Turkey dispute timing may benefit Dutch premier in election

Dutch Prime Minister Mark Rutte talks to the media during a campaign stop in Breda, Netherlands, Saturday, March 11, 2017. (AP Photo/Peter Dejong)
Firebrand anti-Islam lawmaker Geert Wilders, poses for a selfie with supporters during a campaign stop in Heerlen, Netherlands, Saturday, March 11, 2017. The Dutch electorate go to the polls for parliamentary elections of March 15. (AP Photo/Muhammed Muheisen)
Dutch Prime Minister Mark Rutte takes a selfie with a well-wisher during a campaign stop in Breda, Netherlands, Saturday, March 11, 2017. (AP Photo/Peter Dejong)
Fatma Betul Sayan Kaya, Turkey's Minister of Family Affairs, who was escorted back to the German border after a long standoff outside the Turkish consulate in Rotterdam, speaks to the media at Ataturk Airport after her return to Turkey, in Istanbul, Sunday, March 12, 2017. The escalating dispute between Turkey and the Netherlands spilled over into Sunday, with a Turkish minister unable to enter her consulate after the authorities there had already blocked a visit by the foreign minister, prompting Turkish President Recep Tayyip Erdogan to call the Dutch " fascists." (AP Photo)
A protester kisses a banner with the picture of Turkish President Recep Tayyip Erdogan, outside the Dutch consulate in central Istanbul's Istiklal Avenue, the main shopping road of Istanbul, early Sunday, March 12, 2017. The escalating dispute between Turkey and the Netherlands spilled over into Sunday, with a Turkish minister unable to enter her consulate after the authorities there had already blocked a visit by the foreign minister, prompting Erdogan to call the Dutch fascists. (AP Photo/Emrah Gurel)
A Turkish flag flies over the Dutch consulate in Istanbul shortly after a man climbed onto the roof and replaced the Netherlands' flag with the Turkish one, Sunday, March 12, 2017. The escalating dispute between Turkey and the Netherlands spilled over into Sunday, with a Turkish minister unable to enter her consulate after the authorities there had already blocked a visit by the foreign minister, prompting Turkish President Recep Tayyip Erdogan to call the Dutch " fascists." (AP Photo)
Dutch Prime Minister Mark Rutte gestures during a campaign stop in Breda, Netherlands, Saturday, March 11, 2017. (AP Photo/Peter Dejong)
Firebrand anti-Islam lawmaker Geert Wilders, laughs with a supporter during a campaign stop in Heerlen, Netherlands, Saturday, March 11, 2017. The Dutch electorate go to the polls for parliamentary elections of March 15. (AP Photo/Muhammed Muheisen)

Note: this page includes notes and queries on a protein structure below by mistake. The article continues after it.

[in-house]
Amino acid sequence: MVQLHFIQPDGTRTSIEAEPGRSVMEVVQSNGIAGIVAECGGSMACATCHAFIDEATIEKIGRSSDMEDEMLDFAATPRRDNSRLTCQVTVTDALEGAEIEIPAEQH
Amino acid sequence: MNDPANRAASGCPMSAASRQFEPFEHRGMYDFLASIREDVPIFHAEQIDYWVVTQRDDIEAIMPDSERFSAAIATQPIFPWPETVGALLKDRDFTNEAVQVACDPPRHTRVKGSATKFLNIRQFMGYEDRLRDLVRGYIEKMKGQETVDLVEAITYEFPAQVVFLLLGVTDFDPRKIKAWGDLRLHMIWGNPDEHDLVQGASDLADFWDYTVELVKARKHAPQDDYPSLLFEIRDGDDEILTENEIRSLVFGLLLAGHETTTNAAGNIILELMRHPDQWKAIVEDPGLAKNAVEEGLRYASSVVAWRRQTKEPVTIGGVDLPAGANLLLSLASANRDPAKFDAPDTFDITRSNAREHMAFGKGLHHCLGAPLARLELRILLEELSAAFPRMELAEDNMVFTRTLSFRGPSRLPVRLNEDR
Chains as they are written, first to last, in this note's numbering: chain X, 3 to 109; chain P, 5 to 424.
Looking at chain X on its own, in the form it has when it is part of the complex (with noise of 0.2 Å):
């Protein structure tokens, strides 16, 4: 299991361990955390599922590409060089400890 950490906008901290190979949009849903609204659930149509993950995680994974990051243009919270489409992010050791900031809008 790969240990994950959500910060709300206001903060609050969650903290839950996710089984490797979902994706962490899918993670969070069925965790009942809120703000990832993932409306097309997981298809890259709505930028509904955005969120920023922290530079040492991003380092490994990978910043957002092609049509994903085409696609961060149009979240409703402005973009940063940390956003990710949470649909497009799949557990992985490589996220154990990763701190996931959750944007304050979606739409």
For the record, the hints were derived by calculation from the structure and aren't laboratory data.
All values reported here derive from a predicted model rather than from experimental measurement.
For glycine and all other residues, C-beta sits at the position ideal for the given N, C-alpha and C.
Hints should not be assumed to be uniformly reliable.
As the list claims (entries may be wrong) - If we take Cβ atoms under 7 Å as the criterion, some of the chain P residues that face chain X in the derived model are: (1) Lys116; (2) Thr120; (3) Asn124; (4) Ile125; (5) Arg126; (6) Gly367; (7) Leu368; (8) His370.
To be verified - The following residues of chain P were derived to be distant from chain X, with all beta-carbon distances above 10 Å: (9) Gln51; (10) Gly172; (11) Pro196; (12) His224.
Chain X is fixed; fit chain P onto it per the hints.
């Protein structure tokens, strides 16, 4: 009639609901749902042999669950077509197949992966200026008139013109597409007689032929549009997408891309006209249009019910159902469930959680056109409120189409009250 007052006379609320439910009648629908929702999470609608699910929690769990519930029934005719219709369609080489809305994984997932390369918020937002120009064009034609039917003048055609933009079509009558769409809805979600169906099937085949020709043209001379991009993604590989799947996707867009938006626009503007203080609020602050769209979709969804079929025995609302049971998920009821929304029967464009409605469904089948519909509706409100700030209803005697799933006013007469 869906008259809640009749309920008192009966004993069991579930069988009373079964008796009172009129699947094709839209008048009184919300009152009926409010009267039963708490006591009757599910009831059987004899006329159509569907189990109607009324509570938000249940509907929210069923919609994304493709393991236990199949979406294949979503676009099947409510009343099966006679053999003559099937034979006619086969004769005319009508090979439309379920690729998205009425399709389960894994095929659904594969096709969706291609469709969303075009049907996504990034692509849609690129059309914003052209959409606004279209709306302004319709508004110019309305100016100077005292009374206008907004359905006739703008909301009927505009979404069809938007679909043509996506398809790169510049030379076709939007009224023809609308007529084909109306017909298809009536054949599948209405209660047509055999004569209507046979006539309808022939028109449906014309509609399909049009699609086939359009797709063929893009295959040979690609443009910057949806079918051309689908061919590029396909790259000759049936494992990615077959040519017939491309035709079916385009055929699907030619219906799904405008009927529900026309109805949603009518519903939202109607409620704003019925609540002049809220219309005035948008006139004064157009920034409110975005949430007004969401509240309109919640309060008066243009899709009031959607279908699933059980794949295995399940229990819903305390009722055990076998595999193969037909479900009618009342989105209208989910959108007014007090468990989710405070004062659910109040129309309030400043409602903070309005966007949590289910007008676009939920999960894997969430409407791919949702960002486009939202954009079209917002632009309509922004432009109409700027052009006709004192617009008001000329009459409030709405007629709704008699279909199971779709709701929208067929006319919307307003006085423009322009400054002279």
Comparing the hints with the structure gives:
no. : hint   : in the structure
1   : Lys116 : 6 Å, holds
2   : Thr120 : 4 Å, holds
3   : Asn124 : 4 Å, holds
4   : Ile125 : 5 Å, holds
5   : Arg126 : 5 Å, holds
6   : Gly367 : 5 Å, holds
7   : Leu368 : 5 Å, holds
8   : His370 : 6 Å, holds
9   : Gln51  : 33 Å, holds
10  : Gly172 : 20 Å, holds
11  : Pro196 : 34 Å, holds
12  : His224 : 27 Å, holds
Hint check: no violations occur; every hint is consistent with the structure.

THE HAGUE, Netherlands — Just days away from an election in which he hopes to secure a third term, Dutch Prime Minister Mark Rutte didn't want to be seen as backing down to Turkish threats.

Rutte enraged Ankara by refusing to let Turkey's foreign minister land in the Netherlands on Saturday and denying the country's family and social policies minister access to the Turkish Consulate in downtown Rotterdam.

However, the prime minister may have bolstered his image as a tough leader amid an electoral battle with far-right populist Geert Wilders.

Political scientist Andre Krouwel, of Amsterdam's Free University, said that in a campaign dominated by nationalism and national identity issues, Rutte's right-wing VVD party and not the Party for Freedom of anti-Islam firebrand Wilders would likely profit most from the diplomatic showdown with Turkish President Recep Tayyip Erdogan.

"Rutte is a key player in this because he is prime minister," Krouwel said in a telephone interview. So he and the VVD can say: "'We are the ones who really protect your interests, we are the ones who go down into the trenches to defend the Netherlands.'"

The image of Turkish flag-waving protesters clashing with riot police in downtown Rotterdam early Sunday might appear to play into the hands of Wilders and his anti-immigrant platform. But Krouwel said that Wilders' views on immigration and integration have been known for years by Dutch voters and so he may not profit.

Other parties, like Rutte's VVD and the increasingly right-wing Christian Democrats, seeking to eat into Wilders' support base by moving further to the right on such issues are more likely to reap electoral rewards in the knife-edge Dutch election on Wednesday.

"The election is still wide open," Krouwel said. "What the right-wing parties are now doing is jumping on this theme from Turkey to — more than already was the case — emphasize themes of immigration, integration, the migrant problem and the concerns about what identity we still share."

Ben Bot, a former foreign minister for the Christian Democrats, said Saturday that the Dutch government's decision to refuse landing permission to a plane carrying Turkish Foreign Minister Mevlut Cavusoglu was likely influenced by "electoral considerations."

Bot's comment to Dutch broadcaster RTL came as the Christian Democrats are making gains, with polls suggesting they could win around 20 of the lower house's 150 seats. Rutte's VVD is leading polls with up to 27 seats, while Wilders' PVV is projected to win as many as 23. Many voters, however, are still undecided.

Meanwhile, leftist parties aiming to campaign on economic issues like job creation, the economy and health care are likely to suffer from the focus on Turkey, Krouwel said.

"The dominant issues in this campaign are immigration, integration, security, terrorism, identity," he said. "What you see is that this situation makes these themes so dominant that leftist themes ... are totally absent."

Those looking to see what Rutte and Wilders will make of the Turkey dispute don't have long to wait. The two are due to take part in a televised head-to-head debate Monday.

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